portainer

by duedil-ltd

duedil-ltd /portainer

Apache Mesos framework for building Docker images on a cluster of machines

132 Stars 15 Forks Last release: almost 6 years ago (0.2) MIT License 216 Commits 2 Releases

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Portainer

Portainer is an Apache Mesos framework that enables you to build docker images across a cluster of many machines.

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When building docker images at scale, it can be time consuming and wasteful to manage dedicated infrastructure for building and pushing images. Building large containers with many sources and dependencies is a heavy operation, sometimes requiring many large machines. Deploying this infrastructure can be expensive and often leads to poor utilization.

Given an existing Apache Mesos cluster, Portainer can get to work right away. If you're new to Mesos, you can try out the Vagrant box provided, or learn more about the Apache Mesos Architecture and get started.

See below for more documentation on how to use the Vagrant virtual machine.


Features

  • Works out of the box with existing
    Dockerfile
    files
  • Configurable CPU/Memory resource limits for build tasks
  • Full support for all
    Dockerfile
    commands, including local sources (e.g
    ADD ./src
    )
  • Docker build logs are streamed from the Mesos agent for easy debugging and monitoring
  • Support for the
    .dockerignore
    file

Notes

  • Pushing built images to the public docker index is currently not supported
  • Support for docker client ~>1.7.0 requires Apache Mesos >=0.23.0 (MESOS-3279)

The Basics

Dependencies

You'll need to have the following dependencies installed to run the framework.

  • Python 2.7
  • Python
    virtualenv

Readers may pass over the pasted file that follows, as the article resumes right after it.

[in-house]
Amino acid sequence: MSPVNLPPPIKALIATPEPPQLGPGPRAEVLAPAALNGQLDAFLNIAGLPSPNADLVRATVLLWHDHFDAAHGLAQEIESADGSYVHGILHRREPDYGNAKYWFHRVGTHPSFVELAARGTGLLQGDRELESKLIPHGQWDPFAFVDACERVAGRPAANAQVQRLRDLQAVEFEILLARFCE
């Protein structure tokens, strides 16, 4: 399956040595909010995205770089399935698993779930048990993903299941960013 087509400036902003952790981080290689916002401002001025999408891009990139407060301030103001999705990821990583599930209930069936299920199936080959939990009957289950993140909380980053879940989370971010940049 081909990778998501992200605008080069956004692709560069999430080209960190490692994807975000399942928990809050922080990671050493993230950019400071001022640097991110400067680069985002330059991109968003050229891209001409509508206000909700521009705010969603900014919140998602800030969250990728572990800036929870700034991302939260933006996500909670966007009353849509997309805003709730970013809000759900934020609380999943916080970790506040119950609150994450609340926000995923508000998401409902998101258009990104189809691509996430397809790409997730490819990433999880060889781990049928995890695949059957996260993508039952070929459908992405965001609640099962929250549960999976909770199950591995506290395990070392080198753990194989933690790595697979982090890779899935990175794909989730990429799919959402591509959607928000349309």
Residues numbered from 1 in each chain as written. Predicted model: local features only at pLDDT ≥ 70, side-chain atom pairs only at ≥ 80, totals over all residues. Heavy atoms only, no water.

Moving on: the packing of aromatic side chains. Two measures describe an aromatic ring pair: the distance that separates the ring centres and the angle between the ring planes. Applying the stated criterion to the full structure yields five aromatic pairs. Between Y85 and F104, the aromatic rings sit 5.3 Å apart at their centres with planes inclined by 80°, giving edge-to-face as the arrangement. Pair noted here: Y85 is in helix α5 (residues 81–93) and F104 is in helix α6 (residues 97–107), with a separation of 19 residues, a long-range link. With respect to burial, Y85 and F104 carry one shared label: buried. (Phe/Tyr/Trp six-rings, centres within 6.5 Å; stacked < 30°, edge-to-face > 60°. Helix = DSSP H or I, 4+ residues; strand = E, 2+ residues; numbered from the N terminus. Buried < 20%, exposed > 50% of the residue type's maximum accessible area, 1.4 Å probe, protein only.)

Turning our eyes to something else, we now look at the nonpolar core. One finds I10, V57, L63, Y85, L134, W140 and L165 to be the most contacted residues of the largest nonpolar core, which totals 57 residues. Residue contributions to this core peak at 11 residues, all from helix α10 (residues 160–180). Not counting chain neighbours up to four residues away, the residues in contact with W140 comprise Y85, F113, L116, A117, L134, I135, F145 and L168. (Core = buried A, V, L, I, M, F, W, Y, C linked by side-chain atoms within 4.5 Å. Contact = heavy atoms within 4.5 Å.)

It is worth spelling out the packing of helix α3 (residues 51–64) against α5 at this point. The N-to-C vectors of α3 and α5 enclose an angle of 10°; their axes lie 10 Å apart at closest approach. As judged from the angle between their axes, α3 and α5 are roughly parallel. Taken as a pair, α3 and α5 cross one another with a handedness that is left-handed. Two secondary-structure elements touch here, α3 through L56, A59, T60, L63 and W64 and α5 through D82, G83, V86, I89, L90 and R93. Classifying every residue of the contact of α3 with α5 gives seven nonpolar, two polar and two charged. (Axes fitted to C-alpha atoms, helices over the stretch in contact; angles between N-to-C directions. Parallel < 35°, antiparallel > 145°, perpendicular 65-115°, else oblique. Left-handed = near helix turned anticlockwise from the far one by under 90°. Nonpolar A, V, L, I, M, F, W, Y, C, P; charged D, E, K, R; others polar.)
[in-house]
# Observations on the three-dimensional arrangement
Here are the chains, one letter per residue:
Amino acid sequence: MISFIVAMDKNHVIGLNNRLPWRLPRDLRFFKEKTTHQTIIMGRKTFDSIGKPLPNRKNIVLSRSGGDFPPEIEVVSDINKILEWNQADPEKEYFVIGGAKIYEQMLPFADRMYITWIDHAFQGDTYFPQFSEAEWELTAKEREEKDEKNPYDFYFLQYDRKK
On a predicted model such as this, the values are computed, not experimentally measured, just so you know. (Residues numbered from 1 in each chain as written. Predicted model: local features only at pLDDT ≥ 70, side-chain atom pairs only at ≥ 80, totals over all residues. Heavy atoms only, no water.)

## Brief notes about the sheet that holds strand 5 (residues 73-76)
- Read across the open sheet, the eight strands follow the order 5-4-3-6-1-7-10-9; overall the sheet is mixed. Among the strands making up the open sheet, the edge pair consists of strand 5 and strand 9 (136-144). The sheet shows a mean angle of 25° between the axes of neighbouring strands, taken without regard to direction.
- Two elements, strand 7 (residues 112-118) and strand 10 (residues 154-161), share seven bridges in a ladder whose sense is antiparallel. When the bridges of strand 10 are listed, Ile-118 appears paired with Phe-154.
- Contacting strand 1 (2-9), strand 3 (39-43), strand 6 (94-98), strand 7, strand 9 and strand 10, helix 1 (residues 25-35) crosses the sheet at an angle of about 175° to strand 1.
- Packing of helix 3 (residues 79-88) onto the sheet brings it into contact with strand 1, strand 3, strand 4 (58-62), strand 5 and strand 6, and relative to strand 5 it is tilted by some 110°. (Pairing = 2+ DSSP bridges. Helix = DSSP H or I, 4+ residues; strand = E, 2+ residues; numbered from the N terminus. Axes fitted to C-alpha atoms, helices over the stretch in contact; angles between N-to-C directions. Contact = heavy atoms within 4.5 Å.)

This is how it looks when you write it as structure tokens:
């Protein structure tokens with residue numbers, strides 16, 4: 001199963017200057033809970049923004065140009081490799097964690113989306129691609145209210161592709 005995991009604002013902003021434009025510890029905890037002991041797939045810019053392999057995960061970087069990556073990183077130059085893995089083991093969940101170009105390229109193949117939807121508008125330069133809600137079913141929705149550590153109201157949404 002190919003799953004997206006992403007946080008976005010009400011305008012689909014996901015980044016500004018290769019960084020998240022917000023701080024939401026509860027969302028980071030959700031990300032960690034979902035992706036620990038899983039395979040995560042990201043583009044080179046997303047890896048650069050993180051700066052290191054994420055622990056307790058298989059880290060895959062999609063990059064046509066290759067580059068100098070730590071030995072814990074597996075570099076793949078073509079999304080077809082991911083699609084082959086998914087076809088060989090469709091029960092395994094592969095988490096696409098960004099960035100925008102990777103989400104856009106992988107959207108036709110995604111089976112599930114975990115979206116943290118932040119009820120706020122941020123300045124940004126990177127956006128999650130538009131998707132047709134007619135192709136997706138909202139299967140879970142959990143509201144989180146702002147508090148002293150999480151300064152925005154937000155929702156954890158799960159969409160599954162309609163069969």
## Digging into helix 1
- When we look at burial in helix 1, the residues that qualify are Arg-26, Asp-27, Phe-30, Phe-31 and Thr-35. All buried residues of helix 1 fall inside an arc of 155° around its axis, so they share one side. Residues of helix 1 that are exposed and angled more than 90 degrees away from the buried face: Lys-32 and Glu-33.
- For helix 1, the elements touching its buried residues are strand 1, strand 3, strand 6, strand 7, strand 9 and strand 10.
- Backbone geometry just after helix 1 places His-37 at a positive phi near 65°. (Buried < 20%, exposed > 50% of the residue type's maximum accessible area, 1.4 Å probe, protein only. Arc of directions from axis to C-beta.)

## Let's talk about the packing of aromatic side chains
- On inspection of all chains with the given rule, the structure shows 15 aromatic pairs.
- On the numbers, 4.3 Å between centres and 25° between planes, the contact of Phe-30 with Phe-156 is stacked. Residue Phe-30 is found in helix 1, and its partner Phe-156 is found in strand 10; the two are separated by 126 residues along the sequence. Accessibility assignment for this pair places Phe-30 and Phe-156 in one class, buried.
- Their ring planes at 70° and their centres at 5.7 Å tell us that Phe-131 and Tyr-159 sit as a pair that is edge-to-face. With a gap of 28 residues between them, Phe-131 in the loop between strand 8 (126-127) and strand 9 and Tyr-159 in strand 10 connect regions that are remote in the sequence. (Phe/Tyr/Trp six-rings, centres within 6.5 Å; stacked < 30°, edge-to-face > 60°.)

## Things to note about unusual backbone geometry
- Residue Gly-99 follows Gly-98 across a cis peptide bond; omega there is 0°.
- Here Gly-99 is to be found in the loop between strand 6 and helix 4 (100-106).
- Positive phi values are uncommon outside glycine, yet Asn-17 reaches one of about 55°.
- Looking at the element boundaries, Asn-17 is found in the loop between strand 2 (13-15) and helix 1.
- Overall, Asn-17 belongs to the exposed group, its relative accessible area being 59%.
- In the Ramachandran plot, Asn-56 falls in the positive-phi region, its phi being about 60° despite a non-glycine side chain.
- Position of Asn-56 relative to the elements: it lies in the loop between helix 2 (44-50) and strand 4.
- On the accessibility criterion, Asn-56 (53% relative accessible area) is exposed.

and
    pip
  • Protocol Buffers (
    brew install protobuf
    )
  • Make

Mesos Agent Dependencies

By default, Portainer will try and launch an ephemeral docker daemon (

docker -d
) on the mesos agent machine using docker in docker. This requires that you're using a Docker Containerizer on your Mesos agents. If you are not, you'll need to specify the
--docker-host
argument (e.g
--docker-host /var/run/docker.sock
) describing where the docker daemon can be accessed on each agent.

Building an Image

1. Build/Upload the Executor

$ bin/build-executor

Note: If you've got a dirty git tree, you'll need to set the

FORCE=1
environment variable.

The built PEX (python executable) archive will be dumped into

./dist
, and needs to be uploaded somewhere Mesos can reach it (HDFS, S3, FTP, HTTP etc). Check the output from the build-executor command to see the file name, and upload the file.

The environment name is tacked on to the archive filename, e.g.

dist/portainer-37cc6d5eb334473fdaa9c7522c4ce585032dca5c.linux-x86_64.tar.gz
. Make sure you build the executor on the same platform as your mesos slaves use.

In future, readily-downloadable prebuild pex files will be available on versioned github releases.

2. Grab a
Dockerfile

Portainer can work out of the box on any existing

Dockerfile